Monday, August 19, 2013

met with the plastic surgeon today.

Today we met with Dr. Jason Miller, a plastic surgeon in Omaha who also works at UNMC.  In the photo, he is with Charlotte because he is the doctor who performed the posterior vault reconstruction on her skull back in March.  He is a respected surgeon at Children's Hospital, the Med Center and the Aesthetic Surgery Center, so he was a logical choice for our consultation today.

We learned today that:
-the incision is still a little red and a little bumpy
-the size of the sutures used were a bit big for the face
-the bumps are scare tissue
-Mike should massage the bumpy scar tissue because it can disperse the collagen
-it may flatten out after a year and "it might be OK"
-an 'acceptable' scar is thin, flat and does not draw attention

The nurses and Dr. Miller were a bit surprised that Dr. Heibel chose the closure that he did (the large jagged "T") for an elliptical defect. Doctors are always very gracious and guarded with their comments about another doctor's work, but he did say "there are some things that could have been done differently" and "I personally wouldn't have put that big of suture on the face".  He also commented that "the hematoma (bleeding) was unfortunate".   These were my sentiments exactly, and somehow it was comforting to hear them.

Of course we couldn't help asking how he might have closed the 'eliptical defect' or quarter-sized hole in Mike's head after the cancer was extracted.  He drew a little diagram showing a 'cat eye' as one option and a rhomboid flap as another option... very interesting.  I think Mike felt a little better hearing that "the hallmark of a hematoma is exquisite pain".  Mike had happened to mention how painful it was when they had to unstitch and re-suture the area because of a bleeder.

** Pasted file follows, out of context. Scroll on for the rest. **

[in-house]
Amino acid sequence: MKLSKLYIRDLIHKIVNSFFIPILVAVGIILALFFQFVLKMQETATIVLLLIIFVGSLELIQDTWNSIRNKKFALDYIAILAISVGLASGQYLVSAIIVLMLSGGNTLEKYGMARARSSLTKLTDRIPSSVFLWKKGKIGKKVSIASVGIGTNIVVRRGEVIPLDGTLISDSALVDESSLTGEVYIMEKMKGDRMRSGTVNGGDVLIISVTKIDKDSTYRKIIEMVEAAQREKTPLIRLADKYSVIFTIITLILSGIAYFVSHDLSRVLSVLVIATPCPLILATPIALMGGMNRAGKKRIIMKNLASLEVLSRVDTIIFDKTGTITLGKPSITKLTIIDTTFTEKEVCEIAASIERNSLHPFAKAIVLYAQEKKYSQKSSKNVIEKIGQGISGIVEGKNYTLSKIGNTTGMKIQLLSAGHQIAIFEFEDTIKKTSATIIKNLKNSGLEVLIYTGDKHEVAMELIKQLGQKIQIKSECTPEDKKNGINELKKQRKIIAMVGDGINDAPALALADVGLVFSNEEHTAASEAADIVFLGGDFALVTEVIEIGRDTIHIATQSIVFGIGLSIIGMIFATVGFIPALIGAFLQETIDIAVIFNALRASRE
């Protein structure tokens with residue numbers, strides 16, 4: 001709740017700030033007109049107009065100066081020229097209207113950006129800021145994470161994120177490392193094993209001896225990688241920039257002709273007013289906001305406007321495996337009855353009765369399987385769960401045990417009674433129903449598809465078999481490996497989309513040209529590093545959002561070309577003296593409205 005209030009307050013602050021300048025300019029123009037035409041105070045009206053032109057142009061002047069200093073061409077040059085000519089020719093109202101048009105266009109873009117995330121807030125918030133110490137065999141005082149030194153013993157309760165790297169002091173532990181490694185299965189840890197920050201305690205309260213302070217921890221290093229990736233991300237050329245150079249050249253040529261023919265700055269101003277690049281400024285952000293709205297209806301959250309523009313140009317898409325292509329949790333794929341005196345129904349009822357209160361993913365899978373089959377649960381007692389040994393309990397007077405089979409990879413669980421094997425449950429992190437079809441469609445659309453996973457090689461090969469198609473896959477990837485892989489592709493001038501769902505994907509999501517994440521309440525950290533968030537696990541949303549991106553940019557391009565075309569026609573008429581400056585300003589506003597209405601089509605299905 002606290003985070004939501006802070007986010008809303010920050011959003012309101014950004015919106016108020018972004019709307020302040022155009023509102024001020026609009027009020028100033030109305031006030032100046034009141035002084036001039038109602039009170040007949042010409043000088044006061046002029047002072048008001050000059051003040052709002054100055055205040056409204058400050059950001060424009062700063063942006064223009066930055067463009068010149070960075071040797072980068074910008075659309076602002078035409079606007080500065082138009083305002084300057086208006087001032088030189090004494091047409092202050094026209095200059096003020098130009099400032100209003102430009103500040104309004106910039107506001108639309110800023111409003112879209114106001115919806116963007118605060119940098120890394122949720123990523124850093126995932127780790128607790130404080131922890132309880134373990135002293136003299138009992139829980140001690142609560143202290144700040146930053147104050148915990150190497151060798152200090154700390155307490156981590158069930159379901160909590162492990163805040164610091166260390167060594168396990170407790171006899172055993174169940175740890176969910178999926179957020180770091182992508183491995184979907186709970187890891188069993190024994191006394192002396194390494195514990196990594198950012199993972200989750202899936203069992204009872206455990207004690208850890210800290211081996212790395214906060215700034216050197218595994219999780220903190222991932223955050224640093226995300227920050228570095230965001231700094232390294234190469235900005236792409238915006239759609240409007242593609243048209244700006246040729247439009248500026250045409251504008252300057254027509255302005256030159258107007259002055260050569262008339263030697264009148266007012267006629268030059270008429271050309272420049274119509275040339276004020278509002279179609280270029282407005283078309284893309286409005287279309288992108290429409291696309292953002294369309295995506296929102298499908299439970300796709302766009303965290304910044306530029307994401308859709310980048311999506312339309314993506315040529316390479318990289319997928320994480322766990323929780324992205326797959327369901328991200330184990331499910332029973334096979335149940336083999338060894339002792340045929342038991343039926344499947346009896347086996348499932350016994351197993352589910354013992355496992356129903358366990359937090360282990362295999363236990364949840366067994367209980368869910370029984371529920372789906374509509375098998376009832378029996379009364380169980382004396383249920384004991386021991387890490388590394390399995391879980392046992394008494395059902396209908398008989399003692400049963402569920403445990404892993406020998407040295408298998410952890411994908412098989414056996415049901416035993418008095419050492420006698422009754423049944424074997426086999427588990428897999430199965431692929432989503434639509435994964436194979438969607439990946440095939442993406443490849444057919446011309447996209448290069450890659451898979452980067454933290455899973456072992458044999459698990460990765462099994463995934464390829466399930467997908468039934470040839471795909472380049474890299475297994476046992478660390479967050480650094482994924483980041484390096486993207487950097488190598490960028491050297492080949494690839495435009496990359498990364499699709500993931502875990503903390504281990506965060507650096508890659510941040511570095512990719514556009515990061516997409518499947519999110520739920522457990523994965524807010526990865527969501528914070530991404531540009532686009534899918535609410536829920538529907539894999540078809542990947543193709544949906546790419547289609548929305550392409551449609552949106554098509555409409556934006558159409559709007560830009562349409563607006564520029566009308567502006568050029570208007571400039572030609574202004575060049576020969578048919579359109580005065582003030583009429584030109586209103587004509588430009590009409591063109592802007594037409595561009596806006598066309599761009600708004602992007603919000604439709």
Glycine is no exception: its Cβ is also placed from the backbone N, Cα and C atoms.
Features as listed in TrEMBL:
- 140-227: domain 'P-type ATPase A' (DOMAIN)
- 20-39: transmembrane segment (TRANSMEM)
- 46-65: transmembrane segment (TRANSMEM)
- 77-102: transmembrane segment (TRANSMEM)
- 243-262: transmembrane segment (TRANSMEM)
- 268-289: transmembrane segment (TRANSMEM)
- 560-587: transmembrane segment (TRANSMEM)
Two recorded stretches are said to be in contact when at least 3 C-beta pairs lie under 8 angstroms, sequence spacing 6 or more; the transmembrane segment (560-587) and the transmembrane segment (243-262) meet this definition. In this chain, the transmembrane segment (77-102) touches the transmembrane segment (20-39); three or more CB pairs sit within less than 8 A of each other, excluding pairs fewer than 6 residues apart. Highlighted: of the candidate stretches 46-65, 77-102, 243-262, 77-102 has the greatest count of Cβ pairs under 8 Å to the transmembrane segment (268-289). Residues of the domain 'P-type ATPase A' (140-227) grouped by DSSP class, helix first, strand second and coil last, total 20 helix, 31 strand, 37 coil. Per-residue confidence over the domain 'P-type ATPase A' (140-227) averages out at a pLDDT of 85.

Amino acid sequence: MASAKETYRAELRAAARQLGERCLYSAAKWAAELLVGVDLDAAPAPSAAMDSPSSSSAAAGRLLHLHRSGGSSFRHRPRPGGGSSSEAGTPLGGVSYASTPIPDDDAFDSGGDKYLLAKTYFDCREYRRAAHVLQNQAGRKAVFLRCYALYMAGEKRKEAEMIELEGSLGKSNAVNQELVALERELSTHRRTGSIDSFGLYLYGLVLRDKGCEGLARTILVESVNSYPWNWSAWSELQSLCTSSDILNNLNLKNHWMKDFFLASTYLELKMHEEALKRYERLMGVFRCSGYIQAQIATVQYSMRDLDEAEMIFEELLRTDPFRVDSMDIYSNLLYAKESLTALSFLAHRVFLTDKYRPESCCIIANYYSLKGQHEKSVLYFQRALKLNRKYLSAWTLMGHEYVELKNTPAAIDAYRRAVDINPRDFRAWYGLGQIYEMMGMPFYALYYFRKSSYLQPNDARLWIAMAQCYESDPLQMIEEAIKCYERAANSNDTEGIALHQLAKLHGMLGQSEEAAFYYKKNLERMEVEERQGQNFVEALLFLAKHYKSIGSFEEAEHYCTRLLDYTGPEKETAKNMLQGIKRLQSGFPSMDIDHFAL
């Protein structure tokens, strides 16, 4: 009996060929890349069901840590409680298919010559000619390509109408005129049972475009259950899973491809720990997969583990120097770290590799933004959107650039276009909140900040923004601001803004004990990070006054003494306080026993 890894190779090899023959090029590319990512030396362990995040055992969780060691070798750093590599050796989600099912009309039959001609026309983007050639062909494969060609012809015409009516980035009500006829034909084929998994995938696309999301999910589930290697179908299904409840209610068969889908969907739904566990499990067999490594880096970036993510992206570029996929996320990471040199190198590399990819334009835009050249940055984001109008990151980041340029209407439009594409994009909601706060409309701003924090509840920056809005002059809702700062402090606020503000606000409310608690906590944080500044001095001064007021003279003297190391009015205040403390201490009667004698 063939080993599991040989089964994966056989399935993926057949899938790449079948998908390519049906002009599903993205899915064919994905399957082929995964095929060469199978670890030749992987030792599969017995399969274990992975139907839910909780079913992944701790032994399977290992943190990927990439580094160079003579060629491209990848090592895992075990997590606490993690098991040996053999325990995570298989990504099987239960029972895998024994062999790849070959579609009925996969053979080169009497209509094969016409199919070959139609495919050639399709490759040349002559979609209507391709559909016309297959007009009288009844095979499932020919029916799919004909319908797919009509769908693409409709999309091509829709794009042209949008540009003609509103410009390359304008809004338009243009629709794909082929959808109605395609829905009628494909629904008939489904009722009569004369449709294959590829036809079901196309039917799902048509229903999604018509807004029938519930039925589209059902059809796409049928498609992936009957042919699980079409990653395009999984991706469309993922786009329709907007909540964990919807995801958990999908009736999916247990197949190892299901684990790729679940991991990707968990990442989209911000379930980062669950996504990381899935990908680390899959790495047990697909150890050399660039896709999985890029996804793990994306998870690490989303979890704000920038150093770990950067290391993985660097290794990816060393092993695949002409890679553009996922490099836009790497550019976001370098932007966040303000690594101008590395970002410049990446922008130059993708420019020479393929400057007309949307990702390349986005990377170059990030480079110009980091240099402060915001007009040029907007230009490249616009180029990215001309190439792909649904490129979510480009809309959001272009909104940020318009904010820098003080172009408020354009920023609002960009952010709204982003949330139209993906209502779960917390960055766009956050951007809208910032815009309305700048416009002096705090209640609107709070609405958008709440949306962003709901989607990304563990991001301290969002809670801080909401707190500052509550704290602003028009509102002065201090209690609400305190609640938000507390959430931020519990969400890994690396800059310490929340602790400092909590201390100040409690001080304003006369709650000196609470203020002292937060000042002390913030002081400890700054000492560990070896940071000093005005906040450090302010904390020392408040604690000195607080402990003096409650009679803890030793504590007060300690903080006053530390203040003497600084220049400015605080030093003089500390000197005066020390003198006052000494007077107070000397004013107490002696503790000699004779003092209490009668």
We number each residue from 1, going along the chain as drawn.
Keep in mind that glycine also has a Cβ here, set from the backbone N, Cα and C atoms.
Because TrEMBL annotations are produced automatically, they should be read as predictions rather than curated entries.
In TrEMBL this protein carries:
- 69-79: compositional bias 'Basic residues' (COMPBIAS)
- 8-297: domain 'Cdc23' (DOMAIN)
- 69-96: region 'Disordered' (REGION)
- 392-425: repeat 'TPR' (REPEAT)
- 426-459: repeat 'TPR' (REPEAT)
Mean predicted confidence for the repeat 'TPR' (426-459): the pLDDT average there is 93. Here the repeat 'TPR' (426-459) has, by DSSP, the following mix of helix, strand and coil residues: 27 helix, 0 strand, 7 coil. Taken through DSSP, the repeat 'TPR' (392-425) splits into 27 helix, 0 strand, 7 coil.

Maybe the best part of the day is that we secured the names of three excellent MOHS certified dermatologists in Omaha - that don't hesitate to send cases to a skilled plastic surgeon for closure when needed. One of these men will be Mike's new dermatologist, and we are thankful for that.

Dr. David Watts
Dr. Anthony Griess
Dr. Scott Debates

Tuesday, August 13, 2013

skin cancer blues.

Sometimes I blog for the sheer pleasure of it.  Sometimes I blog for my sanity.  Sometimes I blog hoping that somebody out there will learn something helpful from something we have been through.

It continues to be a bit of a mystery to me why this skin cancer trail ride has been so distressing for me. But in the process I have learned a few things.

1. It is important for me to use a doctor that has good communication skills.
If I had done my research a little more carefully I would have discovered that Dr. Mark Heibel does not score high on communicating procedures and expectations with patients.  If I would have known that there was even a remote chance of an incision longer than a quarter of an inch, I would have aligned my expectations accordingly and I would have secured plastic surgeon closure options.